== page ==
Saturday, December 17, 2011
Jacob Galperin's D'var Torah
Jacob Galperin was Bar Mitzvah on December 3rd, 2011, and as you can imagine, it was an occasion of great happiness and pride for his family, and for all of us at Congregation Adas Emuno. In the photograph here you can see Jacob (center) with Rabbi Barry Schwartz (left) holding the Torah, and Student Cantor Luke Hawley (right), standing in front of the Ark. And we are very pleased to welcome Jacob as a Guest Blogger here on our congregational blog, as he was kind enough to share with us his D'Var Torah.
My Torah portion is the famous story of Jacob's, Vayeitzei, which means, and he went out. This is when Jacob left Beersherba for the city of Haran, Rebekah's birthplace.
Jacob stops to rest his first night. He places a stone as a head rest and then dreams of a ladder set upon the ground reaching heaven, with angels climbing up and down.
When Jacob awakens he makes a pact with God. If God kept him safe, Jacob would make him his God.
Jacob continues his journey to Haran to find his mother's brother, Uncle Laban. In no time at all, Jacob was united with Uncle Laban, Leah, and Rachel.
Jacob tells the story of his dream. Laban was so happy about all that had occurred. Jacob was in love with Rachel, the prettiest and youngest of the two girls.
Jacob asks Laban to marry Rachel, and that night Laban brought the bride to the tent. The next morning Jacob finds out it was Leah along with her maid.
OMG! as we would say... Someone told a lie!
Jacob marches over to Laban's tent for an explanation and Laban tells him, "Not to worry... The oldest daughter must be married first, however, so if you still want to marry Rachel, work for me seven years and she will be yours, with her maid."
He takes the deal.
The theme I have chosen is dishonesty, and the lack of bravery that is needed to tell the truth.
Rachel's father was dishonest with Jacob by sending Leah to Jacob's tent. He then rationalized his lie with the truth that he was not brave enough to communicate beforehand. Perhaps like many of us, he was afraid Jacob would have said no, and his first child would be considered an outcast. Thus, Laban was willing to sin because he saw God's will directing him to care for his first born before his own soul.
We also know that Leah and her maid gives Jacob ten children and Rachel and her maid blesses Jacob with two children.
According to my study, dealing with dishonesty is a question for us to ask ourselves. What is the Torah telling us, how should we treat a person who is dishonest and may be stealing from us?
Jacob investigated Laban when it came to Leah. He asked many questions, and he kept his dignity. He did not yell, he did not lose his temper. He did not attack Laban, and kept his emotions in check. Some commentators would say Jacob's handling of Laban is a good way to handle a situation like this.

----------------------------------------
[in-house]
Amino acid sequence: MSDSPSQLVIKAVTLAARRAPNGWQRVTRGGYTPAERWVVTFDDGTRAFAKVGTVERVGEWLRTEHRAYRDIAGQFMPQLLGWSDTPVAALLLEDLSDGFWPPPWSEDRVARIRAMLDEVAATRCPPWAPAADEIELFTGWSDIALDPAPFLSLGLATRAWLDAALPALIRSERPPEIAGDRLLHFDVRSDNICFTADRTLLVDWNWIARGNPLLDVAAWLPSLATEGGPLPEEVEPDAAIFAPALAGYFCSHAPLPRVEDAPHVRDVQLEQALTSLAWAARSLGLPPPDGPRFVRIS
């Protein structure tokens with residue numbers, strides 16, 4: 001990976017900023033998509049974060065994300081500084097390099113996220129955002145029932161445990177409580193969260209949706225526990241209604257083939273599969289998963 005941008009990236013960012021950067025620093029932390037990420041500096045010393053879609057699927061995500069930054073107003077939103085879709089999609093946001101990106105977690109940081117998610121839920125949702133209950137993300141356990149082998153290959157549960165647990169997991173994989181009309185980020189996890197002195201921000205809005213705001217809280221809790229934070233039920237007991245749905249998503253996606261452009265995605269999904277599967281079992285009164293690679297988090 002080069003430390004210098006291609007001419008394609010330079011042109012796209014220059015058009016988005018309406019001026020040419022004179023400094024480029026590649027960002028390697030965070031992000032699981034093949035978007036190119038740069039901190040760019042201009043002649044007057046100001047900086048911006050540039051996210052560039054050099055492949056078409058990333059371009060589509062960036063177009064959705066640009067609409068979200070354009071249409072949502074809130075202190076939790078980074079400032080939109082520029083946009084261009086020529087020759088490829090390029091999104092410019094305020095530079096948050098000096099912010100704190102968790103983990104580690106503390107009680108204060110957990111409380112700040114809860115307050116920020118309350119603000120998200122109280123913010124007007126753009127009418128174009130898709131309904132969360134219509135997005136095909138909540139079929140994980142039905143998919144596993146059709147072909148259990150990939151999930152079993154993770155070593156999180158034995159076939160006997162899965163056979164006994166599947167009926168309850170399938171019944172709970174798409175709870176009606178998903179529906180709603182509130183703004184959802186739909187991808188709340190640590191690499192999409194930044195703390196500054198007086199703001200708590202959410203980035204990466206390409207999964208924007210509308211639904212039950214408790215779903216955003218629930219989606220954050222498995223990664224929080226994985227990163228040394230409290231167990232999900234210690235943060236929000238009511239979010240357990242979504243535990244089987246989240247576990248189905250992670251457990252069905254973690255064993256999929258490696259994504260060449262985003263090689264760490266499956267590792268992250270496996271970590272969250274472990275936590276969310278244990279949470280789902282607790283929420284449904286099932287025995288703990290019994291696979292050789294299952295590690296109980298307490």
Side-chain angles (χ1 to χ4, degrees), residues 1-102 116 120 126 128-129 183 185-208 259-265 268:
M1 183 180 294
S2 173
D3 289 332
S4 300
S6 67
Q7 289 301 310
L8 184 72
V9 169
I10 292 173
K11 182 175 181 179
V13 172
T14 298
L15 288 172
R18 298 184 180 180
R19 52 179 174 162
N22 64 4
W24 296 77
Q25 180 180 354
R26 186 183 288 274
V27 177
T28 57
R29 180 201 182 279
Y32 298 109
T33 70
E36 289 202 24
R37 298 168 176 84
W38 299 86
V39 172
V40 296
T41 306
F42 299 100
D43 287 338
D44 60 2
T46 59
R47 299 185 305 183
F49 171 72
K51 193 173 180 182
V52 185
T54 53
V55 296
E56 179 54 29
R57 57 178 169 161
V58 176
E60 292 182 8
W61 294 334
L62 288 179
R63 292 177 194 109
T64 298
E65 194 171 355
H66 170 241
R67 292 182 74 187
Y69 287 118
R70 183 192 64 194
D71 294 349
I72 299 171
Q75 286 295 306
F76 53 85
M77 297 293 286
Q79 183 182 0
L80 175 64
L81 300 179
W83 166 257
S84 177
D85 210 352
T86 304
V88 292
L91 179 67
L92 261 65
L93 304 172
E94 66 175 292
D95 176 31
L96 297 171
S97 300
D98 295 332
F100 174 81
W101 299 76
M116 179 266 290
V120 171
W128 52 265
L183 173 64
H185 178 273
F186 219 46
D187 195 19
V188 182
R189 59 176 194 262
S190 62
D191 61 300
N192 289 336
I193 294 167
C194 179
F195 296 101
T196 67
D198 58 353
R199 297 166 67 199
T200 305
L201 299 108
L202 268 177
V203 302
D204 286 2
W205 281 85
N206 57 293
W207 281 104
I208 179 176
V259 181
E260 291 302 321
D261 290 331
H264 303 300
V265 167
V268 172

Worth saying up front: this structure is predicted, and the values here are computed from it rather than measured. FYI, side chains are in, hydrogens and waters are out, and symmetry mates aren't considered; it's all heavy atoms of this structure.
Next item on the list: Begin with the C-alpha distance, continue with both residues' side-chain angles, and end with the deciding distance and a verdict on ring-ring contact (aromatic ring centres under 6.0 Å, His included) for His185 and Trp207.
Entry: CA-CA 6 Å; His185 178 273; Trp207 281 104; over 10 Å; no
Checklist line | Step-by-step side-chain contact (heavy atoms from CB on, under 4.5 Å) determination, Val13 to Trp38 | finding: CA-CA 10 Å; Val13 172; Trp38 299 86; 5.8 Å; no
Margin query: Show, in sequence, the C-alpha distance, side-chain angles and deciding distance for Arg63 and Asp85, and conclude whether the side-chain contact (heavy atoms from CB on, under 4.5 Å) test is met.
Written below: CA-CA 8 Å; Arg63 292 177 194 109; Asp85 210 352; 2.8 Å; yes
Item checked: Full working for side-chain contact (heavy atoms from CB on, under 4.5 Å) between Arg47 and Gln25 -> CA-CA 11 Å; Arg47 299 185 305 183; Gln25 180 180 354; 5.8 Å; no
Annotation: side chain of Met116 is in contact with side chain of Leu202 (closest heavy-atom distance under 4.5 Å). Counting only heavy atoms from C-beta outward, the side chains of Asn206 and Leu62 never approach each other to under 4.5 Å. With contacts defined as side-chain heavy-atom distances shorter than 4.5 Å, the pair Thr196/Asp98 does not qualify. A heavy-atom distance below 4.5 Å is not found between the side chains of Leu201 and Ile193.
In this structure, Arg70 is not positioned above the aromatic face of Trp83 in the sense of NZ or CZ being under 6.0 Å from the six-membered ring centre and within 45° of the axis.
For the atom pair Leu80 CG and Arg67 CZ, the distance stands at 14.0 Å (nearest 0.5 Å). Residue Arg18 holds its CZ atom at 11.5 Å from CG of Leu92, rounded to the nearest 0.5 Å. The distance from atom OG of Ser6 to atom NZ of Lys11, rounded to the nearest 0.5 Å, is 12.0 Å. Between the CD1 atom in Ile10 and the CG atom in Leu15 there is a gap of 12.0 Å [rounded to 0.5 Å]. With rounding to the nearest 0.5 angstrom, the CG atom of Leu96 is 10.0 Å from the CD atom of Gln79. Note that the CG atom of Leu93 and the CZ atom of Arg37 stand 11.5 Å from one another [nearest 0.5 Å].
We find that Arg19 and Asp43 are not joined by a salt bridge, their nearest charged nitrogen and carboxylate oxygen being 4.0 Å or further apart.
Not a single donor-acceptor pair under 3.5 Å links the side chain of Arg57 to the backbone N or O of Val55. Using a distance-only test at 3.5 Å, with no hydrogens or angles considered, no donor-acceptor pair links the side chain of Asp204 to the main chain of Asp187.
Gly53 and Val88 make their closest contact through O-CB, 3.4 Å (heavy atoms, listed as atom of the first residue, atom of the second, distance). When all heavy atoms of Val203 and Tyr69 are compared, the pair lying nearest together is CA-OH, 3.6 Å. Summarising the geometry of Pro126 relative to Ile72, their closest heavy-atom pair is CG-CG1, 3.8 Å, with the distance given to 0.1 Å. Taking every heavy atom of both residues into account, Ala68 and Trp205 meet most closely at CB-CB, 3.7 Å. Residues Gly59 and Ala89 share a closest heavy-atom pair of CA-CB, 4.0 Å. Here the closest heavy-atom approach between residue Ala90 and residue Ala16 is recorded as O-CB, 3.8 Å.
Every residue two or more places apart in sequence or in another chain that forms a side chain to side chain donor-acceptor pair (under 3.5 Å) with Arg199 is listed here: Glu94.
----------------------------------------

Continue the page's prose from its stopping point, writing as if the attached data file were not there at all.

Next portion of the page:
Also, the Torah teaches us lessons in human conduct and self control, and anger is the emotion that should be used only in the last resort and then only in a controlled, thought out, and constructed form of communication versus an outburst.
I picked this theme because I find this part to be fascinating, and I can relate to being not brave enough to tell the truth at times, and obviously I have lied for the same reason. I lied to my mother a long time ago because I didn't want to do my homework, and if I told her the truth, she would make me. The part that is different here is that I was lying for my own selfish reasons, unlike Laban who lied, let's say, for the greater good. And perhaps God said it was okay by blessing Leah with ten children, while Rachel had only two children.
My Mitzvah Project
My Mitzvah Project will be occurring after my Bar Mitzvah due to a situation beyond my control. They say there are no coincidences. I have chosen to help the Cantor help the new Bar Mitzvah students on Sunday. I would like to thank all of you for being here, and just being awesome. I would also like to especially thank my Mom, Cantor Luke, and Rabbi Schwartz. Without them. I wouldn't be here today.
My preparation has changed my view of Judaism. I have learned that it isn't so easy to become Bar Mitzvah. A lot of time has to be spent to make sure that everything sounds right and that everything goes perfectly. I have learned that now is my time to show that I can lead a service, and that I am a child of Jacob. Preparing has also shown me that although now I may be reluctant to come to synagogue and to return to religious school, I know that it's the best thing for me to do. God will always be there for me and I will always be there for Him, so I know that I would love to sacrifice the hour long services on the weekends for him.
And with that we offer our gratitude to Jacob and his mother Susan Galperin for sharing his D'Var Torah with us. And on behalf of Congregation Adas Emuno, we extend a warm and joyful Mazel Tov to the entire Galperin family!